What were the specific elements of the Prague
Spring that the Soviet Union found dangerous?
In the early months of 1968, a progressive faction
of the Czechoslovak Communist Party set about liberalizing Czechoslovak life,
democratizing the government and loosening the country's association with
the USSR. This movement became known as the Prague
It began in January 1968 when Alexander Dubchek
replaced Antonin Novotny as head of the communist party. Dubchek soon
initiated a series of reforms that centered on increased expression, public
debate and intellectual freedom (with less press censorship). Dubchek
called this "Socialism with a Human Face." Czech leaders tried to reassure
Soviet leaders that they had no intention of removing Czechoslovakia from
the Warsaw Pact. (Allegedly, the mistake made by Hungary in
The reform program won mass support in
Czechoslovakia, but the USSR and its Warsaw Pact allies felt it dangerous
and decided to end the Czechoslovak experiment. On 20 August, Warsaw Pact
forces (Soviet, East German, Polish, Hungarian and Bulgarian troops) occupied
the country. Czechoslovakia again became a tightly controlled, orthodox
Communist state, although clandestine resistance began to developed during
the 1970s. Dubchek was replaced as head of the communist party by Gustav
Husak in 1969.
- 5 January 1968 Stalinist party
chief Antonin Novotny voted out of the communist party's central committee,
and Alexander Dubchek (1921-), a slovak with a liberal reputation, replaced
him as First Secretary of the communist party.
- April 1968, Novotny removed as
president, and General Jan Svoboda installed.
- Prague Spring, "Socialism with
a Human Face," as Dubchek ended censorship and instituted liberal economic
reforms. Dubchek continued to proclaim loyalty to Moscow to avert a
replay of 1956 in Hungary, but increasingly Soviet leaders became
- 29 July 1968, Czech and Soviet
leaders met at Cierna near the border to "discuss" the
- June 1968, Warsaw pact maneuvers
held in Czechoslovakia.
- 20/21 August 1968, Warsaw Pact
invasion. The Czech army did not resist; although there were a few
isolated outbreaks of fighting.
- Brezhnev Doctrine (Pravda,
25 September 1968), justified the intervention.
- 28 October 1968, large protests
occurred in Prague against the Soviet occupation.
- 17 April 1969, Gustav Husak replaced
Dubchek as first secretary of the communist party.
For the principles involved in Czechoslovakia
in 1968, see: Leonid
Brezhnev (1906-1982). Alexander
Dubcek (1921-), Vaclav
Havel (1936-2011), Gustav
Husak (1913-1991) and Ludvik Svoboda (1895-1979)
A general, interesting site about Prague's colorful
background is the Prague history
page. Radio Prague's home page has a general description of the Prague Spring, and there are
some photos of the Warsaw Pact intervention on the
web. See also, The Guardian's photos.
Two articles are from Cold War International
History Project, both by Mark Kramer: New
Sources on the 1968 Soviet Invasion of Czechoslovakia (*.pdf) and The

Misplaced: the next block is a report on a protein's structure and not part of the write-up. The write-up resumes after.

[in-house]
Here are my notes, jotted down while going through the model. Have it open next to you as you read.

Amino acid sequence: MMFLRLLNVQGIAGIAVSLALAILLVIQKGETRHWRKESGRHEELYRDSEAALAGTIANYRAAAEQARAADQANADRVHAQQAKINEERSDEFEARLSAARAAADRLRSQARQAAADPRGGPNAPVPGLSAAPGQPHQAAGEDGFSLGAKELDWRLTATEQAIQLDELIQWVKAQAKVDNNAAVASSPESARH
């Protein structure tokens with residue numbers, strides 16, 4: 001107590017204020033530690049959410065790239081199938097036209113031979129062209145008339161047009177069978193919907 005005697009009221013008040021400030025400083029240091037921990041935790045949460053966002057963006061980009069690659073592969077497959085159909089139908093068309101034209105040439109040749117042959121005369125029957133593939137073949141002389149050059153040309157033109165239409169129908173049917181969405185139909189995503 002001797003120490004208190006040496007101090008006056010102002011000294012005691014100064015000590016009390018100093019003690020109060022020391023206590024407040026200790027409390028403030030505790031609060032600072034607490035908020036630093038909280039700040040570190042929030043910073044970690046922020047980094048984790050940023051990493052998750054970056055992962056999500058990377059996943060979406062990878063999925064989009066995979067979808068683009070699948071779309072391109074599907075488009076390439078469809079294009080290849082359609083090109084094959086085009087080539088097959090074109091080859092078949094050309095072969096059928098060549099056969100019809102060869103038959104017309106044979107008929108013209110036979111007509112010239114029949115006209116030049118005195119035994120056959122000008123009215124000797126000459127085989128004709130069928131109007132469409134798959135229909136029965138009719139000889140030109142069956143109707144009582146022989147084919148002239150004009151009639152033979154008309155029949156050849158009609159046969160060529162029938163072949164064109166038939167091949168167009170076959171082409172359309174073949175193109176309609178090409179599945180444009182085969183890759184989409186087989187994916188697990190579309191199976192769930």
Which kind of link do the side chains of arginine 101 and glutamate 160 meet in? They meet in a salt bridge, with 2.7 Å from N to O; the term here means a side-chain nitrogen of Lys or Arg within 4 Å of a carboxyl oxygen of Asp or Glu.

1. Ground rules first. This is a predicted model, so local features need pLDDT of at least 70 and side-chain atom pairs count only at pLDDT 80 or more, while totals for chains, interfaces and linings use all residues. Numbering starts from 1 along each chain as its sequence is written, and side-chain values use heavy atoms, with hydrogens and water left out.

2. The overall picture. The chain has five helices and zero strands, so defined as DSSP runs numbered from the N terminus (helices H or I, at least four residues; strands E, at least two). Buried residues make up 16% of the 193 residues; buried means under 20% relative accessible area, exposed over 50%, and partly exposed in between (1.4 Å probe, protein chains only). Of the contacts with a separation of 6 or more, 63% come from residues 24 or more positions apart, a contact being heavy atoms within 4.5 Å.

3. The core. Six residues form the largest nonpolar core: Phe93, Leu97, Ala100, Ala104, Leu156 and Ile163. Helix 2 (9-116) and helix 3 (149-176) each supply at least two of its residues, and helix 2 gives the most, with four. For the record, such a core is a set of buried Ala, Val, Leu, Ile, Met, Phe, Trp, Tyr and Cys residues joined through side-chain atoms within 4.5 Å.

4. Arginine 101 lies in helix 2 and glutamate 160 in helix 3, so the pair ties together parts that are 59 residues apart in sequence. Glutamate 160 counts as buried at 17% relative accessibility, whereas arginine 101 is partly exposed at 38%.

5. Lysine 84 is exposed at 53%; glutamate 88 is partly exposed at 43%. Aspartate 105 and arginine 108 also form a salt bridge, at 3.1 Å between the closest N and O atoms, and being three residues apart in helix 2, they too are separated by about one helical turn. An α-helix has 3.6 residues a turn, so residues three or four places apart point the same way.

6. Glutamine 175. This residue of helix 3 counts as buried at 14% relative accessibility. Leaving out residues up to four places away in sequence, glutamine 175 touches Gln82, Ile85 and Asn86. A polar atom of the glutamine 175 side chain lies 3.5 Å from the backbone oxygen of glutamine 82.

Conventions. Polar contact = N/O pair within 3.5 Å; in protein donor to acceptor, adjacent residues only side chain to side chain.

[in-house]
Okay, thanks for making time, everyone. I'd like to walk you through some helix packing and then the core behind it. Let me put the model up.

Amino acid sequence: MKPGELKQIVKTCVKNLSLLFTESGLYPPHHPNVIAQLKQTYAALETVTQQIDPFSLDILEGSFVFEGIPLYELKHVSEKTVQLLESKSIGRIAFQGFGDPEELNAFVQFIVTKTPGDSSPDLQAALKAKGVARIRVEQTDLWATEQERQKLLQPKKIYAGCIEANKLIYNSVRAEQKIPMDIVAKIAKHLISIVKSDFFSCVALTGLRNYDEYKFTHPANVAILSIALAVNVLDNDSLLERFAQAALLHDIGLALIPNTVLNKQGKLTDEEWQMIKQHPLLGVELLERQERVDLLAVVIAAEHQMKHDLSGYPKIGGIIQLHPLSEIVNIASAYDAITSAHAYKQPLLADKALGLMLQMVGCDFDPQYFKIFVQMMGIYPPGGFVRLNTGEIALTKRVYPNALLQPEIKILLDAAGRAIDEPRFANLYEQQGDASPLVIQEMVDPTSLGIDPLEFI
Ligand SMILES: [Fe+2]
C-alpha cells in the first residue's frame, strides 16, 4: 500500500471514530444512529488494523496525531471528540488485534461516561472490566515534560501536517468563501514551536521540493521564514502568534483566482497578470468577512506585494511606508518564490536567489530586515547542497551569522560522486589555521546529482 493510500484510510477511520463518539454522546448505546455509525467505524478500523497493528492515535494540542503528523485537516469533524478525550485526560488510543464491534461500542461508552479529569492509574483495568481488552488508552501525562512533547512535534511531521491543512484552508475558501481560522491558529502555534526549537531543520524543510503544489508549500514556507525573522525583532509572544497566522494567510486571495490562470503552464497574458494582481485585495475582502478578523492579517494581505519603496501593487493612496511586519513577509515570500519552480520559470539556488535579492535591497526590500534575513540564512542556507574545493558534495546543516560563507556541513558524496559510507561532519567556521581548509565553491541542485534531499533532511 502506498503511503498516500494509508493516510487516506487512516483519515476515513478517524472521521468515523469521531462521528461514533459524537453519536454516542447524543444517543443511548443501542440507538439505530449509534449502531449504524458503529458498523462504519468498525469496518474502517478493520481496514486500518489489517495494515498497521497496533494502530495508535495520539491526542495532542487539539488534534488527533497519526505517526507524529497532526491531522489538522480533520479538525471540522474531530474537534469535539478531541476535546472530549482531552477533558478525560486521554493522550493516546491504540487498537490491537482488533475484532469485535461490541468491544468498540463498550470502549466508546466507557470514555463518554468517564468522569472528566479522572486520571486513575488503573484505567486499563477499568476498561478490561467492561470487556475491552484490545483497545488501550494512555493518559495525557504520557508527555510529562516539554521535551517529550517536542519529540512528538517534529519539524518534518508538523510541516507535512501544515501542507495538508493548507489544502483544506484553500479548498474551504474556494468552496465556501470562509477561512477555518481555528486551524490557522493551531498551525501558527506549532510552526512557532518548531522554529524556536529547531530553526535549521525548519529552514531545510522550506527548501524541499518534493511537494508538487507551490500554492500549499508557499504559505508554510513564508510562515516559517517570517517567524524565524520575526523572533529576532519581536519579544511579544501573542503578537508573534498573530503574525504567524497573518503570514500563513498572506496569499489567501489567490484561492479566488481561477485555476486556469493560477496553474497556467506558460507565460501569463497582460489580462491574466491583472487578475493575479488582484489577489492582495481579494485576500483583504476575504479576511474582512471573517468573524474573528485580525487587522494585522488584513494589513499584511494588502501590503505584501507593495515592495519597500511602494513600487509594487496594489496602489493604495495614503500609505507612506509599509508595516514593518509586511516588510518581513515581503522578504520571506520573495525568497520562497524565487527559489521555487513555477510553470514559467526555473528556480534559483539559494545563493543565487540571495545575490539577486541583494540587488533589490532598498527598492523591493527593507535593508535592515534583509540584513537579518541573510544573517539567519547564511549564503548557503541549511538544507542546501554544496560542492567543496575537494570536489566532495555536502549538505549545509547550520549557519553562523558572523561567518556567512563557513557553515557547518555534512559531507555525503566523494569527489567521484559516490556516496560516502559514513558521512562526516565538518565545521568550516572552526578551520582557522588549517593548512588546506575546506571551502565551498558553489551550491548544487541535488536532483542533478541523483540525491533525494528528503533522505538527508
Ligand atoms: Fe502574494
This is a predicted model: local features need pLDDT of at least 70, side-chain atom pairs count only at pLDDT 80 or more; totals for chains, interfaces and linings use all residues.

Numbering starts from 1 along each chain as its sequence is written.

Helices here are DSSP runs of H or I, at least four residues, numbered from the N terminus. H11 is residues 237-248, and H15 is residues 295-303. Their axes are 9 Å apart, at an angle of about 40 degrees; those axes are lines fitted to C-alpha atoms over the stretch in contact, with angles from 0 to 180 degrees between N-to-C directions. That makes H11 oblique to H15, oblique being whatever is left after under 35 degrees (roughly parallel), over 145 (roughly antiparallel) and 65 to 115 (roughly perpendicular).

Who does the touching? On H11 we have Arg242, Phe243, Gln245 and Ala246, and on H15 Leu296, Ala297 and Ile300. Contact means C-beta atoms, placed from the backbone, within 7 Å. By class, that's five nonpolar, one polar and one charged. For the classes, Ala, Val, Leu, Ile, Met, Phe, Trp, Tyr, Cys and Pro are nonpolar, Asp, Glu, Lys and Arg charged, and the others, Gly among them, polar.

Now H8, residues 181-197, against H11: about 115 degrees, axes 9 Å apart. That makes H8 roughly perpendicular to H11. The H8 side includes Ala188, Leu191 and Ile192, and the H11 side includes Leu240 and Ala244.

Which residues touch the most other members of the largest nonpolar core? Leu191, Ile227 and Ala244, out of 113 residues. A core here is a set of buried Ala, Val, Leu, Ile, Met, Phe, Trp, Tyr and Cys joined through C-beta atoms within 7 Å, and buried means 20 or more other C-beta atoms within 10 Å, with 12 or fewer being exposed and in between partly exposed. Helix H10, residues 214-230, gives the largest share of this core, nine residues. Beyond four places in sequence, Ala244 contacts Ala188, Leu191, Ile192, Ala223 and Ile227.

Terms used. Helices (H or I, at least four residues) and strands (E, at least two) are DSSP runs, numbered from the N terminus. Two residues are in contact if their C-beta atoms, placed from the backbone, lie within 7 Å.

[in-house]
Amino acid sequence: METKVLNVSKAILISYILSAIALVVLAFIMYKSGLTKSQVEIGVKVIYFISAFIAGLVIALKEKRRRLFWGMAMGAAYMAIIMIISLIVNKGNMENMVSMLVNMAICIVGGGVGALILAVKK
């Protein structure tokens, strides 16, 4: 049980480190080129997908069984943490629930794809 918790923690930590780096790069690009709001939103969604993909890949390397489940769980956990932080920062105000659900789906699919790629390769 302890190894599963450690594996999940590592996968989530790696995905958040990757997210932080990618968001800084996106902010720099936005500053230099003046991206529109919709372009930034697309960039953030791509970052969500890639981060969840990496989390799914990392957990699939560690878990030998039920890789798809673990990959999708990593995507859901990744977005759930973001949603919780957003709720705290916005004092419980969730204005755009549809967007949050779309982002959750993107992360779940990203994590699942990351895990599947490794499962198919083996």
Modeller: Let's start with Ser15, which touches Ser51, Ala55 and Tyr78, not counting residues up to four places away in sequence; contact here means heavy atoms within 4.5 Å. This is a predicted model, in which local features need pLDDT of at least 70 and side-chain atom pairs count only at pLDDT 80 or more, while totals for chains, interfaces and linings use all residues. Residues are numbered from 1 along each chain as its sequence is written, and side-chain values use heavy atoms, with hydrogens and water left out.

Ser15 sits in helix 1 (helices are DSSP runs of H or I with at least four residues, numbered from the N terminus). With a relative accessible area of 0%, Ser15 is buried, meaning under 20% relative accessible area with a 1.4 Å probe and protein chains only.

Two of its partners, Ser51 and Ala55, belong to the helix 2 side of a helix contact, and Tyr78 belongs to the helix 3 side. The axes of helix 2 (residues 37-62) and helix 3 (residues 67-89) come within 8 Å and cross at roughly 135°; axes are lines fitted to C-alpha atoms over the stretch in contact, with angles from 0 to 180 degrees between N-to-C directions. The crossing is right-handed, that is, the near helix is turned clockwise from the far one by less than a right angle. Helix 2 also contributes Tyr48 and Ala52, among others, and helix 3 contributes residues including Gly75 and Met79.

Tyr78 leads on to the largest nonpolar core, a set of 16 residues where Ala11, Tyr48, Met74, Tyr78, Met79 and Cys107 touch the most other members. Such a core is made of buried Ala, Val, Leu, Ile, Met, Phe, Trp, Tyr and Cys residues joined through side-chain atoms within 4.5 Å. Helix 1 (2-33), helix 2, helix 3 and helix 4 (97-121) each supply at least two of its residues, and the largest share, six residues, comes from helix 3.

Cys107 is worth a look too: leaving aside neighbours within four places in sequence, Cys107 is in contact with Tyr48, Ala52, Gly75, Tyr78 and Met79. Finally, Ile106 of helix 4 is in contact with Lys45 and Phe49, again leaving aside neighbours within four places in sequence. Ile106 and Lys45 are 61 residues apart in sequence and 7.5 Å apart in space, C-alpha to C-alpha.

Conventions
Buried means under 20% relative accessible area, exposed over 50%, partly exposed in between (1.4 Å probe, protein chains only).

Prague Spring and the Soviet Invasion of Czechoslovakia: New
Two important documents are the Czech
"Request" for Soviet Intervention (on page 35 of the *.pdf) in August 1968 and
Doctrine (Pravda, 25 September 1968), justifying the
Hale Boggs, Disclosed news of the Russian invasion of Czechoslovakia.
There are two good studies of recent Czech
history: J. Korbel, Twentieth Century Czechoslovakia: The Meanings
of its History (1977); H. G. Skilling, Czechoslovakia's Interrupted
Published documents and sources include:
Ruth Tosek and Mark Kramer, eds., Prague Spring, 1968: A National
Security Archive Documents Reader (1993); DuBCEk's Blueprint for
Freedom: His Original Documents Leading to the Invasion of Czechoslovakia
(Commentary by Paul Ello, 1969); and Alexander Dubchek's Hope Dies
Last: The Autobiography of Alexander DuBCEk (1993), DuBCEk
Speaks (1990) and Komunisti a národné dedicstvo:
vybrané prejavy k otázkam slovenskej národnej
For analyses of the Prague Spring, see:
Kieran Williams, The Prague Spring and Its Aftermath: Czechoslovak
Politics, 1968-1970 (1997); Jan Pauer, Prag 1968: der Einmarsch
des Warschauer Paktes Hintergründe-Planung-Durchführung (1995);
Rüdiger Wenzke, Die NVA und der Prager Frühling 1968:
die Rolle Ulbrichts und der DDR-Streitkräfte bei der Niederschlagung
der tschechoslowakischen Reformbewegung (1995); Eleonora Schneider, Prager Frühling und samtene Revolution: soziale Bewegungen
in Gesellschaften sowjetischen Typs am Beispiel der Tschechoslowakei (1994); Václav Kural, et al, Ceskoslovensko roku 1968 (1993);
Jiri Valenta, Soviet Intervention in Czechoslovakia, 1968: ANatomy
of a Decision (with a new foreword by Alexander DuBCEk, 1991); Ivan
Sviták, The Unbearable Burden of History: The Sovietization
of Czechoslovakia (1990); Carlo Ricchini e Luisa Melograni, Primavera
indimenticata: Alexander DuBCEk ieri e oggi (1988); Karen
Dawisha, The Kremlin and the Prague Spring (1984); Vladimir Kusin, The Intellectual Origins of the Prague Spring: The Development of
Reformist Ideas in Czechoslovakia, 1956-1967 (1971); Victor Fic, The
Prague Spring, 1968: A Study in Social Change (1970).
1948 Communist Takeover in Czechoslovakia
1989 Velvet Revolution